Imagine a lecture, a textbook reading, and /or a classroom discussion in 3-D! Experiential learning does just that! Biola’s Center for Cross-Cultural Engagement provides the opportunity for students to make meaning of their classroom involvement with direct field experience while studying abroad, studying in the USA, or participating in academic service learning in Los Angeles and neighboring cities. Experiential learning is a process through which students develop knowledge, skills, and values from direct experiences outside a traditional academic setting, all the while engaging cross-culturally.
I recently visited Quito, Ecuador where Biola students were studying various levels of Spanish, Intercultural Communication, Cultural Anthropology, and Biblical Studies. Not only were these students satisfying their language, major and/or elective requirements, they were immersed in experiential learning while engaging culturally and participating in internships. Students spend time in homestays, further living out the culture of the country in which they are studying.
The concept of learning outside the classroom was made popular by education theorist David A. Kolb, who developed the 'experiential learning theory,' which is based on the idea that learning is a process whereby knowledge is created through transformation of experience. It is based on four main elements which operate in a continuous cycle during the learning experience:
• Concrete Experience
• Reflective Observation
• Abstract Conceptualization
• Active Experimentation
Since summer 2013, Biola faculty who have participated in “Faculty Fellows Engaging Community” (FFEC), have postured their passion to engage with diverse others into practical methods of pedagogical teaching. FFEC’s primary purpose is for faculty to better understand cultural competency and to integrate cross-cultural engagement and academic service learning into a selected course curriculum and learning outcomes. In 2013-2014, seven faculty spanning five disciplines participated. Combining classroom instruction with reciprocal experiential learning, engagement, and personal reflection, resulted in approximately 185 Biola students who engaged cross-culturally. This year Fellows include five faculty from Business, Modern Languages, Christian Education, English, and Intercultural Studies. The significance of FFEC as it relates to the growth of our students is phenomenal!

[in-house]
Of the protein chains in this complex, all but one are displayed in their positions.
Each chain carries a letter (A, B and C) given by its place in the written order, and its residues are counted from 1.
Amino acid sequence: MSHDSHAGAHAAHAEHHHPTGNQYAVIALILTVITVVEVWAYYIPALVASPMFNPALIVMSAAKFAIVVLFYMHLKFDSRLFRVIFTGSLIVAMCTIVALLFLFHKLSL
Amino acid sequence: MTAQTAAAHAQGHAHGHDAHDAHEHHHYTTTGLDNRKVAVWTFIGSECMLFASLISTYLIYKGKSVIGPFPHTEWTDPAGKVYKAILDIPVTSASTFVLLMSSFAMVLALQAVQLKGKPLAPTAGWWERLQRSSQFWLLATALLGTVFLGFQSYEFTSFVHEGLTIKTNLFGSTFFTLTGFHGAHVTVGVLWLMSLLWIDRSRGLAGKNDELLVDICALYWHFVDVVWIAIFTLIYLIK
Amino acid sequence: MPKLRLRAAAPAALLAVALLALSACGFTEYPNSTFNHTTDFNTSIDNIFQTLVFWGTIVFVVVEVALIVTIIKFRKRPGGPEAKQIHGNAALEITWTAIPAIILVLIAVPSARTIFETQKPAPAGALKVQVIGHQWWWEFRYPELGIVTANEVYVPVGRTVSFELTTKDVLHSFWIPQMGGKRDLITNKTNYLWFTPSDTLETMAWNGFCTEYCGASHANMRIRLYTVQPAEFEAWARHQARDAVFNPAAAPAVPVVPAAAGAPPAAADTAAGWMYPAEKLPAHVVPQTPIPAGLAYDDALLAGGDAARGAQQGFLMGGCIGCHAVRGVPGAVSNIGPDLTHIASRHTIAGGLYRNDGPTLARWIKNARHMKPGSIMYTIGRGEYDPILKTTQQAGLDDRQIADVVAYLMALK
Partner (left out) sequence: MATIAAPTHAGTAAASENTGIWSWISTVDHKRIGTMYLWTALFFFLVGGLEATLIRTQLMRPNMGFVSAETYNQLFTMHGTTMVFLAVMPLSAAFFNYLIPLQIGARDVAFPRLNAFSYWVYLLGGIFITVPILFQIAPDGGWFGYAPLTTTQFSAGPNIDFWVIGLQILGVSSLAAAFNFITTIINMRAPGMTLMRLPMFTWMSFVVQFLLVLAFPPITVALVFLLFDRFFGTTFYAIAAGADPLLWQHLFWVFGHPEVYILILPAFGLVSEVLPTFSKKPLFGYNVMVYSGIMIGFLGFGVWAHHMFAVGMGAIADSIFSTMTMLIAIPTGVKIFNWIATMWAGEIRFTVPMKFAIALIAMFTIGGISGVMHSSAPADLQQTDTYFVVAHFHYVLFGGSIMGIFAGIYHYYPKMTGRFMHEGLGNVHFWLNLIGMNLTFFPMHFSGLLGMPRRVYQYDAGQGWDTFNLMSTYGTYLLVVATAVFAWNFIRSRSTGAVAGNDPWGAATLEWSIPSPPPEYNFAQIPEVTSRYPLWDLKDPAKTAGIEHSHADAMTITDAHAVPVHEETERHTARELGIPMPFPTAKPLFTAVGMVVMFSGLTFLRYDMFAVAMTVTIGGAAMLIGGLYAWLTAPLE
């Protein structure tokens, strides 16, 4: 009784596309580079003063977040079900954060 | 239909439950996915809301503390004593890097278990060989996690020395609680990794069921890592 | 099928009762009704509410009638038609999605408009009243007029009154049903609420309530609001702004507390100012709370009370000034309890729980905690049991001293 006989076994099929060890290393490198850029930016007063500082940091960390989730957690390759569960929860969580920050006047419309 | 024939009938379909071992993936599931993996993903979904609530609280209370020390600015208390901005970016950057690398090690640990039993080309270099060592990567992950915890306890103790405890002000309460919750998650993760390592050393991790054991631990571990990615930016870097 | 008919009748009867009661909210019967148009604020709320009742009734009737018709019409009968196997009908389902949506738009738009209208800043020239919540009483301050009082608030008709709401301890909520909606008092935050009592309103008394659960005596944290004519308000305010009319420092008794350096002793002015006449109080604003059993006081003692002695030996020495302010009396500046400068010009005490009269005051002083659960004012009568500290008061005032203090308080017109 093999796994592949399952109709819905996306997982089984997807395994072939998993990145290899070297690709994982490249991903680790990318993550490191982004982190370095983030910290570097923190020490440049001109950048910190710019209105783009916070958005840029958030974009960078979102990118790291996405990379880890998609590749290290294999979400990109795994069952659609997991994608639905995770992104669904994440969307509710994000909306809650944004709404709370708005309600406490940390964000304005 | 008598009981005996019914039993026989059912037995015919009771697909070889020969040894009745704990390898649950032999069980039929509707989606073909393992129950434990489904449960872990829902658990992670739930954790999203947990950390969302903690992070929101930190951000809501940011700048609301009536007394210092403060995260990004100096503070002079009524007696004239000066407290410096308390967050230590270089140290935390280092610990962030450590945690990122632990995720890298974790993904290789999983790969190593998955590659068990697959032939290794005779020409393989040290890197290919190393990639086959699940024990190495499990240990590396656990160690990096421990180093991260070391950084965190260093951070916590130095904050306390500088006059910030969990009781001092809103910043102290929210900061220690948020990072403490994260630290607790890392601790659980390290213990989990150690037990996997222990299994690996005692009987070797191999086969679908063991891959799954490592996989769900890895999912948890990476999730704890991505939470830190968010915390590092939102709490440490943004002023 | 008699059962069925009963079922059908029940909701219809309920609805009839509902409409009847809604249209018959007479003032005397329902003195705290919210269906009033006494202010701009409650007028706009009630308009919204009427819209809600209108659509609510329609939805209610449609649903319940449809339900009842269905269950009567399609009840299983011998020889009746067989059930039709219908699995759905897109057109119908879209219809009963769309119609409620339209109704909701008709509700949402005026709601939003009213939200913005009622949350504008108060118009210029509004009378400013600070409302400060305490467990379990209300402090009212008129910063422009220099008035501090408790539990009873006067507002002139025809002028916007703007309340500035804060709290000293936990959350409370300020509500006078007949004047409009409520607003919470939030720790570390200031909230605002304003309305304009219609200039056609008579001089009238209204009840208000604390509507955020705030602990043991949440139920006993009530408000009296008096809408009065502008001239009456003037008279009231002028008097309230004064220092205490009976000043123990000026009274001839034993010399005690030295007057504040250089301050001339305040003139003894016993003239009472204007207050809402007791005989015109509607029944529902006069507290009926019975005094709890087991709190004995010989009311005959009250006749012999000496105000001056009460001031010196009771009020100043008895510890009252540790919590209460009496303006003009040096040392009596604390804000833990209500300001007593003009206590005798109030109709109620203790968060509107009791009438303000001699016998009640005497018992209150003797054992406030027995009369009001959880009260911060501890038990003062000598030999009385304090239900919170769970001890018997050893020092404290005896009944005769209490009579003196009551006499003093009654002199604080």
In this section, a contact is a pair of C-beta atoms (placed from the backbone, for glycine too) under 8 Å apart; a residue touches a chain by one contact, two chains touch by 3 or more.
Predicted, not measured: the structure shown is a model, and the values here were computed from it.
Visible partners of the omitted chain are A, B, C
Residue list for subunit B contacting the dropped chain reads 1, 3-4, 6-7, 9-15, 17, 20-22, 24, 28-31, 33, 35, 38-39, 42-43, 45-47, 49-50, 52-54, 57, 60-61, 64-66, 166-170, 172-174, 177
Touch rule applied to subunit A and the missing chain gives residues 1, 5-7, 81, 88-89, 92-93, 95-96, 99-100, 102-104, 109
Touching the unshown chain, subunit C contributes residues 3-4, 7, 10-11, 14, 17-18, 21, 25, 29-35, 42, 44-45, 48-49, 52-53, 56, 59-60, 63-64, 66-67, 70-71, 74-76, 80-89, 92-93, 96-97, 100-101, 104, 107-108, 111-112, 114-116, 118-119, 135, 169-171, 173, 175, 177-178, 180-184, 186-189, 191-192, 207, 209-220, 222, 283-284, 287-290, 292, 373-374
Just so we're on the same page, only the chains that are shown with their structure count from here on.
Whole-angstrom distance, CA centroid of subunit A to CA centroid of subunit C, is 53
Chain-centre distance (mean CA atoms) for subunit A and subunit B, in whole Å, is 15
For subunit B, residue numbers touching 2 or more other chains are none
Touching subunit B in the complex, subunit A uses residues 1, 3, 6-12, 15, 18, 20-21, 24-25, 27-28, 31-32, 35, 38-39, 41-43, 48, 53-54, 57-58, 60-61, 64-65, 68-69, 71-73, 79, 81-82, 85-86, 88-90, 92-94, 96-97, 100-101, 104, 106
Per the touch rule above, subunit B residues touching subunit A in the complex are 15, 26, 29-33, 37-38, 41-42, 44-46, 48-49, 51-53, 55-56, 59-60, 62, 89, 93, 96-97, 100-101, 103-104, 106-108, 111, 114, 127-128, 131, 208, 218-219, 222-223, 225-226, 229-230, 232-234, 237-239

Added value and effectiveness -- that’s what Biola provides. Impacting others for the Lord Jesus Christ -- learning beyond the classroom and developing self through international, national, and local engagement. We are blessed, as we bless others.
Dr. Gail F. Buck
Director, Center for Cross-Cultural Engagement
*To learn more about our Off-Campus Programs for experiential learning, visit our website.
A 6.7 magnitude earthquake struck Biola University at 9:40 a.m. last Thursday morning – at least hypothetically. Biola hosted a full-scale mass casualty exercise in partnership with the city of La Mirada for the 7th annual Great ShakeOut, a worldwide earthquake drill. More than 110 volunteers including 70 students, campus safety officers, the Community Emergency Response Team (CERT) and local fire department came together for an extensive drill.
Biola’s drill was selected by the State Office of Emergency Management (OEM) as this year’s featured drill, meaning agencies and news outlets from across Southern California participated in the exercise. Biola’s campus safety led the response effort after the mock earthquake struck. Students acted as victims in the drill, complete with mock injuries. The Los Angeles County Fire Department and CERT led the search and rescue effort to recover the injured victims. Nursing students assisted with triage alongside Biola’s health center. For full coverage of the story, visit Biola news.